Box Vox

packaging as content

October 26, 2012

26 Brands

For our last day of calendar-dictated content (October 26th) we have twenty-six “26” logos.

1. Above is a logo by Carlos Segura for the T26 Digital Type Foundry that he founded in 1994. As with several other logos in this round-up, the “26″ refers to the number of letters in the (Western Latin) alphabet. (See also: 3, 4, 5)

2. On right is another “T26” logo. Here, however, the logo is for a 26 foot Tanzer sailboat.

3. Michiel van der Born’s logo for his “Twenty-Six Characters” website is below…

4. Below left is Rebecca Neimark’s logo for Twenty-Six Letters, a graphic design studio, specializing in book covers.

5. Above, right is the logo for Brian Jaramillo’s Agency 26.

6. Below left is Danny Skinz’s logo for “Movement 26” an artist collective.

7. Above right is a similar maze-like treatment of the number “26” which is part of the logo for Stable 26—a sock manufacturer named for the number of bones in the human foot. (Packaging and logo, below)

8. Some logos for a numerical company name will use all or part of the number as a superscript. Below left, the logo for Fine 26 (a maker of “great metal based consumer products”) is like that…

9. twenty6 (a business communications and marketing consulting firm) also has a logo that uses a superscript. (above, right) This logo also divides the number into two parts, spelling out “twenty” but using a numeral for “6.” The two logos that follow also do this…

10. Twenty6 Products makes aluminum mountain bike components. (An example of their packaging appears below)

11. Below left, is the logo used online magazine, Twenty6

12. Above right is a logo by Thomas Fethers, also for a Twenty-Six Magazine.

13. Below: Lauren Li Porter’s masthead for her blog, Twenty Six. (our only cursive example) Why twenty-six? Twenty six is my lucky number as well as being my Birthday, and these two facts are not completely unrelated.”

(13 more “26” brands, after the fold…)

14. Some brands also divide the number into two parts but, use numerals for the “20” and spell out the “six.” The clothing brand “20Six Fresh” (below left) does it that way, as does the next example…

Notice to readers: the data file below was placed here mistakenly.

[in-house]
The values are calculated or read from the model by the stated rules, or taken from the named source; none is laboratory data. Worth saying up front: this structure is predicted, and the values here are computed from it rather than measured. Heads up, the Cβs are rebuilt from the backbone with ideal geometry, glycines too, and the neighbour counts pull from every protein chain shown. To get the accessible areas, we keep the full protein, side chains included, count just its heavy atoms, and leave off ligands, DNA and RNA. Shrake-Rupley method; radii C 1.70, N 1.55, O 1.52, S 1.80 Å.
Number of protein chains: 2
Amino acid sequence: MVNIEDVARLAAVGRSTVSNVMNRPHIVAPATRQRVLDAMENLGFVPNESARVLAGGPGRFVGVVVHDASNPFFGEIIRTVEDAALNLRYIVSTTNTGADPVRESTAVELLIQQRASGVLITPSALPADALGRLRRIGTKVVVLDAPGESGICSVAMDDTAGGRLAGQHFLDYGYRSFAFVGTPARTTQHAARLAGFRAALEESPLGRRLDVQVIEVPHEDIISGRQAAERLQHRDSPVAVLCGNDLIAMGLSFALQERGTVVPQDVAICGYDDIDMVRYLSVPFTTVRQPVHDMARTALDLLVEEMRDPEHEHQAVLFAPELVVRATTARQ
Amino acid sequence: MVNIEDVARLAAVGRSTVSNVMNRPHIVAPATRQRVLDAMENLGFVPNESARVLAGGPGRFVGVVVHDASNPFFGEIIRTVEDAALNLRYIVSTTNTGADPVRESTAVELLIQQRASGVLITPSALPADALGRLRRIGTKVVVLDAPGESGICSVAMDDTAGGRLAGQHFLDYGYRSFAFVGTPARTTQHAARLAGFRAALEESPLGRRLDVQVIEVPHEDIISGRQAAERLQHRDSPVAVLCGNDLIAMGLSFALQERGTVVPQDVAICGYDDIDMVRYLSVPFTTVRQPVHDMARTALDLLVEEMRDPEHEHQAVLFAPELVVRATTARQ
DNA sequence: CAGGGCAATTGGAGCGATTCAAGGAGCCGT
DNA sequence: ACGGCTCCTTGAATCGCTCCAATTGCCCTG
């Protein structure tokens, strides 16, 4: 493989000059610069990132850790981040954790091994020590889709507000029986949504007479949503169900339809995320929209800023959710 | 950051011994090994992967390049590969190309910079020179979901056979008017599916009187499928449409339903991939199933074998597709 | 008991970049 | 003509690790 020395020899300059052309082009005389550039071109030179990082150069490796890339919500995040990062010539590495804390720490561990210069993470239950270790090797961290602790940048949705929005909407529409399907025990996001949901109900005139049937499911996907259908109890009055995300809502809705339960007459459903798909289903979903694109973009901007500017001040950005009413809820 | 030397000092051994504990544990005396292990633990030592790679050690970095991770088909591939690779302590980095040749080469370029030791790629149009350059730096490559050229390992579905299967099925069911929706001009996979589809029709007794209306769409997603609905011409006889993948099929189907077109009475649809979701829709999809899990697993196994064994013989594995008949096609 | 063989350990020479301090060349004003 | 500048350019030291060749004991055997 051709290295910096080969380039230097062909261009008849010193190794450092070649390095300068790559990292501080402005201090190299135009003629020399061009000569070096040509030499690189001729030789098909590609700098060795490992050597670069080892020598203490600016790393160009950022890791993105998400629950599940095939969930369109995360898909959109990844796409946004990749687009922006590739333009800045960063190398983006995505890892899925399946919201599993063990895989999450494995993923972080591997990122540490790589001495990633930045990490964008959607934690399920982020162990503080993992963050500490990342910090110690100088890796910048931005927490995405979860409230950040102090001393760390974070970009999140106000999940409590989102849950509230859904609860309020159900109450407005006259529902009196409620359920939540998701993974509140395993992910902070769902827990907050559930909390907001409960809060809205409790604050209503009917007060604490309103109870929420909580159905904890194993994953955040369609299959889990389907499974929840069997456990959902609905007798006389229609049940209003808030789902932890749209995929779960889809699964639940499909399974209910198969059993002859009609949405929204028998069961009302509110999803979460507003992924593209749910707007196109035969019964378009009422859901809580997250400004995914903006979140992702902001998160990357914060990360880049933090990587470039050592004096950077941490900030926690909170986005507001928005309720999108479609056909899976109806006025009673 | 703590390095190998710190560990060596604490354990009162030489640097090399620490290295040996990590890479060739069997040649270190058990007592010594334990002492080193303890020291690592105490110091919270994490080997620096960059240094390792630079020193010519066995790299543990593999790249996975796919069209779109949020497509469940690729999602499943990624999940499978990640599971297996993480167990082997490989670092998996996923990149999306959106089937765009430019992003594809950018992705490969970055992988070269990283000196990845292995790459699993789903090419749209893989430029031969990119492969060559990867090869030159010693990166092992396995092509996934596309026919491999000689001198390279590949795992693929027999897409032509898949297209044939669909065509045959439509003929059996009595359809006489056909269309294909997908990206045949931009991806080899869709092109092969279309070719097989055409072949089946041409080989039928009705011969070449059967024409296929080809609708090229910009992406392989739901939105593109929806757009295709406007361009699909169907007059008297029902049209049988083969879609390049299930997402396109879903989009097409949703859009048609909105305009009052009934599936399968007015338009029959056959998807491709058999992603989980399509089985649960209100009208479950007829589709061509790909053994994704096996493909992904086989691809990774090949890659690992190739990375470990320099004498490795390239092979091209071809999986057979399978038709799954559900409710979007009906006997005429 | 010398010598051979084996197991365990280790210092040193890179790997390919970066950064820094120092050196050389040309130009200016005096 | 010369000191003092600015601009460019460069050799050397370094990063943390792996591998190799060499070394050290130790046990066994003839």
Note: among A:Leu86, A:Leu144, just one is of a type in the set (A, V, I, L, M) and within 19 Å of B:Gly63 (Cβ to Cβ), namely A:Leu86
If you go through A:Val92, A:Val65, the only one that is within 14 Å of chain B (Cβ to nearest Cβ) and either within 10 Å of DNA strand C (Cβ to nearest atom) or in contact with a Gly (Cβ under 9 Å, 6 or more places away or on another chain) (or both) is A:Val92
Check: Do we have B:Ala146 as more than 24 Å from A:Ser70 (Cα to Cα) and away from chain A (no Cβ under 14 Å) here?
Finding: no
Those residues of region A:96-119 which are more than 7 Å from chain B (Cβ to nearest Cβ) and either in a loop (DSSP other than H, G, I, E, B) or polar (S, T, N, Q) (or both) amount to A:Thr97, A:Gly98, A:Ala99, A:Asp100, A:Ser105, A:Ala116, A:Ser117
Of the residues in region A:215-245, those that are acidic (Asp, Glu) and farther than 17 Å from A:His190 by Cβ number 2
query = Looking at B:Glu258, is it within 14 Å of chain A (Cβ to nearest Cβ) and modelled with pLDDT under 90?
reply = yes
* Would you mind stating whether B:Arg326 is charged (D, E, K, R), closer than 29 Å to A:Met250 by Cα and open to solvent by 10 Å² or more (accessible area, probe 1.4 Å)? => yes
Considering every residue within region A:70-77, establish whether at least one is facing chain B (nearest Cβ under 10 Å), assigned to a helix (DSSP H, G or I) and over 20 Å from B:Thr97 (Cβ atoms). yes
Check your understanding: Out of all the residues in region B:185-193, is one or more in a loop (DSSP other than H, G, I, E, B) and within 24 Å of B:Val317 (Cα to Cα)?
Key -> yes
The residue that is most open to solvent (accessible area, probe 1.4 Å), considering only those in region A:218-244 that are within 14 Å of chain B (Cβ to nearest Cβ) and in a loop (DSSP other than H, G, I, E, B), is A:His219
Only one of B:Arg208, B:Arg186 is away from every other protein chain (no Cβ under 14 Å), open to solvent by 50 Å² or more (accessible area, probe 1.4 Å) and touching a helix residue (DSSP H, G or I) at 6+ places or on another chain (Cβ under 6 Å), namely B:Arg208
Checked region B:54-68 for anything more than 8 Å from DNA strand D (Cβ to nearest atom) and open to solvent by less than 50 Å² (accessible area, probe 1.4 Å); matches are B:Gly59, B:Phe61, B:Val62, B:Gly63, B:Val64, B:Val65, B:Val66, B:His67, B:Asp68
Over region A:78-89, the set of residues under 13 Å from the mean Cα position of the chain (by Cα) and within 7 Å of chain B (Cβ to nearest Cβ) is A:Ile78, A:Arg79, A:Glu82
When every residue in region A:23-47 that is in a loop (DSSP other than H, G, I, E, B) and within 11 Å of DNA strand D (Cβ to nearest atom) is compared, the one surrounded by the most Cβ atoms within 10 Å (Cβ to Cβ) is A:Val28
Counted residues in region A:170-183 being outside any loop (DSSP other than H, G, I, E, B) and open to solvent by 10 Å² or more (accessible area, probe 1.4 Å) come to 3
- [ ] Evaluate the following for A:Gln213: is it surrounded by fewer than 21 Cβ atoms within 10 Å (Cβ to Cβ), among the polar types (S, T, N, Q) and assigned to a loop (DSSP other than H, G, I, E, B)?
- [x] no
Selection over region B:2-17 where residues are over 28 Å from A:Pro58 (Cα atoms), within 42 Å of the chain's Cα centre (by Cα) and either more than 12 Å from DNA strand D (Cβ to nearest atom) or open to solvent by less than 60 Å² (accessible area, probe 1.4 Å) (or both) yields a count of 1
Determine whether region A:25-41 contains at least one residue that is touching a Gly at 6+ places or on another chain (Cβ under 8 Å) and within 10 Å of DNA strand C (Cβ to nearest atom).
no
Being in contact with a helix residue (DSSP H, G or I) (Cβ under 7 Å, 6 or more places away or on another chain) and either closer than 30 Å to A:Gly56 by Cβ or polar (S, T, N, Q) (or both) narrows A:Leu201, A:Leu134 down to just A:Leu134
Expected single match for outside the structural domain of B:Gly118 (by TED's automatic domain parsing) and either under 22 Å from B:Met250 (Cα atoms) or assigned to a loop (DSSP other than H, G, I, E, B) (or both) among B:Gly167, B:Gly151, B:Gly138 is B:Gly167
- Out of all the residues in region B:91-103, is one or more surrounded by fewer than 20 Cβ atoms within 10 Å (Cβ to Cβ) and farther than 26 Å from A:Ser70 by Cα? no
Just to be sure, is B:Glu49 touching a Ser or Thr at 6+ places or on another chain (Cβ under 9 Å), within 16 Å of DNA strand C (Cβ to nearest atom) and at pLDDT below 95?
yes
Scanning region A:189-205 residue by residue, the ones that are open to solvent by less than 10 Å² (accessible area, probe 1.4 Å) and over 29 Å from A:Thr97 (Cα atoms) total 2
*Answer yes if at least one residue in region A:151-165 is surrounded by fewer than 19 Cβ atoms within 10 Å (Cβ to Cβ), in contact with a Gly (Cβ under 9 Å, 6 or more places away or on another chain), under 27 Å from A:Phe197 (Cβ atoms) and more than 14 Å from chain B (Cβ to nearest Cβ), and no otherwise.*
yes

15. Above right is logo for interior design firm, 20six. While they never quite explain the reason behind their numeric name, their website offers a number of facts about the number 26…

… the number of human bones in the human foot (see also #7)

… the atomic number of Iron

… the number of Oscars won by Walt Disney

16. The number is all spelled out in the logo for clothing brand “Twenty6ix” except that the “S” in “SIX” has been replaced with a “6.” (As near as I can tell, they were so named because they were founded in 2006.)

 

17. Last up in the mixing of letters and numerals, is Quintin Cooke’s “2wenty6” logo, above, spelled out in the middle, with numerals at either end.

18. The logo above is from makeup artist, Pamela Currie’s website. Twenty-six is the name of her company and her age.

19. Christy Johnson named her company, redshoes26 design. “The 26 came in because I’ve been obsessed with that number since my sophomore year of high school. I got pulled up to the varsity softball team that year, and 26 was the only varsity jersey still available… Now I can’t imagine playing without the number 26 on my back.” The “red shoes” part is another story. (See also: La 25)

20. Two more logos that encircle the number 26… below left is the logo for the German bicycle team: Team Twenty.Six

“… the first German team and the youngest team to ever win the Race Across America…  Team Twenty-six, a team of four young men whose average age is—you guessed it—26 years.”

 

21. Above right is Design Rangers’s logo for TwentySix, “a program that helps children with autism learn to express themselves, imagines the number of letters in the alphabet as an infinity symbol to represent the power of communication.” Note that logo is also an ambigram.

22. A very similar ambigram occurs in the clothing company Division 26’s logo, below left. Here, the “6” is not so legible, looking perilously close to a “7.” (in my opinion)

23. Octavian Budai’s angular Twentysix logo (for “personal ID”) is also close to being an ambigram.

24. Below is a photo of a “Hiking26” logo. Hiking 26 is Ron Ulrich’s photo-documented performance project to hike the Pacific Crest Trail, from April through October, 2012. 26 weeks, hiking 2600 miles, while wearing 26 wedding gowns.

25. Below: Claude Luethi’s devilish logo for “TwentySix” a Swiss streetwear brand.

26. Above: Skyline Media Group’s logo design for “Immune 26” an egg-based health supplement made from the eggs of hens stimulated with over 26 inactivated pathogens.

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